Taylor Poitras: Yes, so the distinction there is, we can’t retroactively fund something fully. So, a project can be already started, you could be doing it right now, you could be doing it throughout the summer as we’re assessing—the distinction is that it can’t be completed before July 27th (the deadline day) because that would be a fully retroactive project, and to be assessing projects that have already happened, it’s just a bit of a different context for the committees, so that’s why we have that rule in place at the moment. Do you want to elaborate Melissa on that at all?

Melissa Tuplin: Not really.

Taylor Poitras: Okay, great. Thank you for being my Vanna White of question taking.

Melissa Tuplin: Hi Heather Blush is asking, (ooh this is a fun one Tay!) I am part of two collectives with different goals and work, but essentially the same people, can we apply for a project for each, or do you have to choose one?

Taylor Poitras: Okay, I’ll take a stab and let me know if I’m completely off. I would imagine that if there are two distinct projects, you could put two applications into the program but they would have to be led by different people, so you Heather could lead the application for one collective for a particular project and then someone else from your other collective could lead the application for the other project. Would that be correct?

Melissa Tuplin: Yes, that’s basically it. What I would also add to that, though, is depending on how long these collectives have been working together, providing a very clear description of what your mandate is as a collective and why it is that they are two distinct groups doing two distinct projects. I would say that if (not that I am assuming that it is) but if there were two brand-new collectives that don’t have a history of work working together, and we saw that there were basically an overlap with the same people.

I would estimate that an assessment committee might look at that as a form of double dipping. And so, that is exactly where Taylor’s comments around having very clear artistic practice statements and goals becomes extremely important to understand the context, and why it is that these need to be separate groups undertaking different types of work. I will also offer that this is going to be an extremely competitive program, and it’s not a light application. So just kind of bear that in mind as you put in two applications that will functionally be competing against yourself.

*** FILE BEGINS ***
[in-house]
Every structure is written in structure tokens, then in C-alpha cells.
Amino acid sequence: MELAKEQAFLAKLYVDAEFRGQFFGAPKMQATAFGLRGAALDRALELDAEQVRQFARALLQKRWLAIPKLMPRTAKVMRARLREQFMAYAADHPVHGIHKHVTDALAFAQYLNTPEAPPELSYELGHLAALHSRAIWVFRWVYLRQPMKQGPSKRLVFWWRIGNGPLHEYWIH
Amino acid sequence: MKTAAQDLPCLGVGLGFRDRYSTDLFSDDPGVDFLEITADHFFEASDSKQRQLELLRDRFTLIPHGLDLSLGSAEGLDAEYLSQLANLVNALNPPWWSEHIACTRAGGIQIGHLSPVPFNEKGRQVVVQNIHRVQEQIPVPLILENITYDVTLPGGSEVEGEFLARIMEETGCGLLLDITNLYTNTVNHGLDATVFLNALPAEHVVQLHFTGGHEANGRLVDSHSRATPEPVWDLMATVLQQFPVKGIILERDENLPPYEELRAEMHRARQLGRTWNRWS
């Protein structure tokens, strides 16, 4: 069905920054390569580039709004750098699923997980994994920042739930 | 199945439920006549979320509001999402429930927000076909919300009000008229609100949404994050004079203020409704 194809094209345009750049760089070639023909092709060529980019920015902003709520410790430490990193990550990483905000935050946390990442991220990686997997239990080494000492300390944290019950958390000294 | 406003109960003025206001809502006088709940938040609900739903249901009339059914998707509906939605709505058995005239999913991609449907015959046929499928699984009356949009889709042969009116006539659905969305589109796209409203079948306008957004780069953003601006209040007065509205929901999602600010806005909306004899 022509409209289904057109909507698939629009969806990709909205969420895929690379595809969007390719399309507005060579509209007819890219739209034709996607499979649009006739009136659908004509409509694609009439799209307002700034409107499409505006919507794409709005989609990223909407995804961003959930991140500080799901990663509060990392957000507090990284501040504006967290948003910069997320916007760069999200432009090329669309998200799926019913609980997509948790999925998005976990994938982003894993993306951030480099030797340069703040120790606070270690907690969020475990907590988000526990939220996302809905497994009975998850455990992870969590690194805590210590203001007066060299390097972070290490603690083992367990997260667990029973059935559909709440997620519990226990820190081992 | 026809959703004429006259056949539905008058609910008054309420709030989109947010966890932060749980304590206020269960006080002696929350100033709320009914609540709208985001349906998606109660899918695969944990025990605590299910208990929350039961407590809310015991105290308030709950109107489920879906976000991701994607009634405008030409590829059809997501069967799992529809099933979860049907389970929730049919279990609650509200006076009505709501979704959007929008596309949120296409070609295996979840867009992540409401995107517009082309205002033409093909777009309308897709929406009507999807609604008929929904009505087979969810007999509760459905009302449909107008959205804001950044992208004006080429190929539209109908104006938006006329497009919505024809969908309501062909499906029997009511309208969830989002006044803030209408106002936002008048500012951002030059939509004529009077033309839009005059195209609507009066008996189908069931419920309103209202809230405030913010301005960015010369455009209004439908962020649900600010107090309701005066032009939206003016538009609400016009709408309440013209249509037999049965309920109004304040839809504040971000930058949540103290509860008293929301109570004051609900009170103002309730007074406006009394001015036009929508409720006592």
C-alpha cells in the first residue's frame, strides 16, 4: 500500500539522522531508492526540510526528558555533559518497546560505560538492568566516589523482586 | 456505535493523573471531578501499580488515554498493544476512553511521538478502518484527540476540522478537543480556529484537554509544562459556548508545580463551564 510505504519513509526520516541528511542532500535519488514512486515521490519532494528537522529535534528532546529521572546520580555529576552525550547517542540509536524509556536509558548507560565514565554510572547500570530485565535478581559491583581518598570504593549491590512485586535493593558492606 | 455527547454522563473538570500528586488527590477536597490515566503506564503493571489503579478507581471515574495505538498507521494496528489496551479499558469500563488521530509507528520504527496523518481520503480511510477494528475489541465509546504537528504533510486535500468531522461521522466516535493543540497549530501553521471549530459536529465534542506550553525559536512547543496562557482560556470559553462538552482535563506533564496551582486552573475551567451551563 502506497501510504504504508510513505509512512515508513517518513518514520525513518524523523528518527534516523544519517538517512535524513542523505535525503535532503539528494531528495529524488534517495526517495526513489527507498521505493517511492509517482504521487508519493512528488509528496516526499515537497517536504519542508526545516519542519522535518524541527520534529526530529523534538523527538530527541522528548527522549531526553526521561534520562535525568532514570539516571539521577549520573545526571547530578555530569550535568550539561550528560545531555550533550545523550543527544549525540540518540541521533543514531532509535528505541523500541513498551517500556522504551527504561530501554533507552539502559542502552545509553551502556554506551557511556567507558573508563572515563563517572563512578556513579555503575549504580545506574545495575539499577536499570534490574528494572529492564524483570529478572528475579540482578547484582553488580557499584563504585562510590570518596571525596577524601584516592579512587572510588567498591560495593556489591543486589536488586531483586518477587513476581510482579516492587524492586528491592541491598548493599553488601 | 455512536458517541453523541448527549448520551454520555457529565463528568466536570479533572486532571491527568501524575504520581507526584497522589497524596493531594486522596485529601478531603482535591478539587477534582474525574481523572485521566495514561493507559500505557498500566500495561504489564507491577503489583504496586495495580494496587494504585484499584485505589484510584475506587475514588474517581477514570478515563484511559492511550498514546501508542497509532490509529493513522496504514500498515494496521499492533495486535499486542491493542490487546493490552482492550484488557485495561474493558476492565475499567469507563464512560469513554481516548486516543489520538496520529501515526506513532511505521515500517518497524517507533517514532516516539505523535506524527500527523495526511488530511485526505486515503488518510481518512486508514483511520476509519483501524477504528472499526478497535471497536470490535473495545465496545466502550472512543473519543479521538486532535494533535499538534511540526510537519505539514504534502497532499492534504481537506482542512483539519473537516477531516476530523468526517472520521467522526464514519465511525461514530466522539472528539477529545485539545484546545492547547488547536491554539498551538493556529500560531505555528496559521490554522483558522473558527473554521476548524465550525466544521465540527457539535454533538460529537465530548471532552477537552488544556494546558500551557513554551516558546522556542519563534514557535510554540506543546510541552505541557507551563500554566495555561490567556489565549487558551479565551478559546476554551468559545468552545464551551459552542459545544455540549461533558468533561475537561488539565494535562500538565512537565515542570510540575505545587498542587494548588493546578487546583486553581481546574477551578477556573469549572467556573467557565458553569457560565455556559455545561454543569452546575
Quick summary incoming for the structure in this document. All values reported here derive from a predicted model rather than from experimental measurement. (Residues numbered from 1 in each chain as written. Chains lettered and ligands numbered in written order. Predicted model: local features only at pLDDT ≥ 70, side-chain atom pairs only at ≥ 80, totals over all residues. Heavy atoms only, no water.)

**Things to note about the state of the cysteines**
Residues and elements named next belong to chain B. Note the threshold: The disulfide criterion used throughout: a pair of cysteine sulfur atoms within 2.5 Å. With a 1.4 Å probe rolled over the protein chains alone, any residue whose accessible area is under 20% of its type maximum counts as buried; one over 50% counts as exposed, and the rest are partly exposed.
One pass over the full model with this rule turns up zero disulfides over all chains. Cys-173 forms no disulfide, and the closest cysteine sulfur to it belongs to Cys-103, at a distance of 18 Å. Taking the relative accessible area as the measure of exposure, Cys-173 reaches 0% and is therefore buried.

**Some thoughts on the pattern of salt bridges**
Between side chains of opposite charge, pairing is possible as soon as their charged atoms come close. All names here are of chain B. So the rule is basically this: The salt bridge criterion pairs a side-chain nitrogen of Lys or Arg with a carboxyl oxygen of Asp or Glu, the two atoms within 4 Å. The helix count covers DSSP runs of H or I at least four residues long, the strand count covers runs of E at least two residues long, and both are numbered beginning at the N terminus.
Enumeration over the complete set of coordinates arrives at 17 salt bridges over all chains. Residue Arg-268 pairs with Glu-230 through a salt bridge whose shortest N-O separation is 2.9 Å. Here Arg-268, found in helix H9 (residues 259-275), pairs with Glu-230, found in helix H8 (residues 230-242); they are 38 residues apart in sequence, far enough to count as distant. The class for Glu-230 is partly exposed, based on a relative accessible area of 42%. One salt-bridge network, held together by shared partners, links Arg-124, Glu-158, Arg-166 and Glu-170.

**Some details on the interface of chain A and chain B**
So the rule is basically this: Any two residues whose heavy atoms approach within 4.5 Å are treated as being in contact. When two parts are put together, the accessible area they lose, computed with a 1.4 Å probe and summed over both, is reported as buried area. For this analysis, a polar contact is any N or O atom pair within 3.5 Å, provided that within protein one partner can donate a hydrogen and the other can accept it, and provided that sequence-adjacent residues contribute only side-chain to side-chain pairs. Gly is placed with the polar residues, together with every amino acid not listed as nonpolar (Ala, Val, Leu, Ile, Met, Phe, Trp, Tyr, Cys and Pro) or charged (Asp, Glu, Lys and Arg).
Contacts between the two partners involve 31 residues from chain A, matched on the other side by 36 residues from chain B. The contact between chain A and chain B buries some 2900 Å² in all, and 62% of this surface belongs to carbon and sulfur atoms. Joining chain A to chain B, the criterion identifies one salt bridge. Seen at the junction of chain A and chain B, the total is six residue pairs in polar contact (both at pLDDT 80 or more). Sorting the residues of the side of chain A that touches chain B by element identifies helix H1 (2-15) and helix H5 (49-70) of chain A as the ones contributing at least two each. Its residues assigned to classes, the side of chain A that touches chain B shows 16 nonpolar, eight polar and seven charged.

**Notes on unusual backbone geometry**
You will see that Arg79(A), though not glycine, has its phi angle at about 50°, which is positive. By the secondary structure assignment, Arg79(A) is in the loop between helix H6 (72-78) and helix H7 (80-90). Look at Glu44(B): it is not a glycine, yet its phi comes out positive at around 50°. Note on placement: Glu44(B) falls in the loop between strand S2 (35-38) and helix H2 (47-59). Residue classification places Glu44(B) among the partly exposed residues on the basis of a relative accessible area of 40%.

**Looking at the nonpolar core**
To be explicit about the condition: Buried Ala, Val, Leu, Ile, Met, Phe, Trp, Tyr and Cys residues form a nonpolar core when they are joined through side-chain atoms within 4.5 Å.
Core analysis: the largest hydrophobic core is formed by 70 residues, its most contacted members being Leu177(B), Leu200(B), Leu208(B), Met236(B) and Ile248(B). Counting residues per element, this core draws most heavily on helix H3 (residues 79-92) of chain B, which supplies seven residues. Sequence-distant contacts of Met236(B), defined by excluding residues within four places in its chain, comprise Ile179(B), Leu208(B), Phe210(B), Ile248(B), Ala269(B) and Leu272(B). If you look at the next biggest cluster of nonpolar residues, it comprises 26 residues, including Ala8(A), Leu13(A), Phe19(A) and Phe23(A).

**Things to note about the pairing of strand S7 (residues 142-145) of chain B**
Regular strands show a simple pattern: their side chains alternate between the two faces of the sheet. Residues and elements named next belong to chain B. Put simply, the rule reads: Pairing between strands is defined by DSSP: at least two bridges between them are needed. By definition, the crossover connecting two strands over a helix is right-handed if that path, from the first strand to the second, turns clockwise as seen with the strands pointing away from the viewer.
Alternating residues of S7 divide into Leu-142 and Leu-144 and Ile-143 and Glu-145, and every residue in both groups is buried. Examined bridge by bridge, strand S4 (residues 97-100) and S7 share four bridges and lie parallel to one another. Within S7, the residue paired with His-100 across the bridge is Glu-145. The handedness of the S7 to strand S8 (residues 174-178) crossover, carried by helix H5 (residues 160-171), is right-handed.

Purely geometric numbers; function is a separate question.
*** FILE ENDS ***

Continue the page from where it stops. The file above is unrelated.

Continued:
Taylor Poitras: Yeah, thank you. That’s great additional context.

Melissa Tuplin: I think there is just one last question in the chat here: could you clarify the difference of when something in the project will happen to write about in the project description versus the project timeline?

Taylor Poitras: Yes, hi Monda. Thanks for the question. So, when I mentioned the project description, that’s only going to be a few hundred words describing the who, what, when, where of the project. So, the when will be more general. The project description is basically a helpful overview of the nuts and bolts of the project, whereas the timeline you’ll have an opportunity to be a lot more specific about the different tasks and activities that happen between the start and end date, and actually even maybe in advance of when your project starts and afterwards, in terms of reflecting or measuring success or evaluating. So, the timeline is much more detailed the project description is like an overview of the project. Does that answer your question?

Melissa Tuplin: We had a question about how many applicants we estimate that we will get. For context, last year we ran two separate programs with two very different goals, but to a total of $800,000. We had over 200 applications to each of those programs and that equaled 350 unique applications from artists in the city.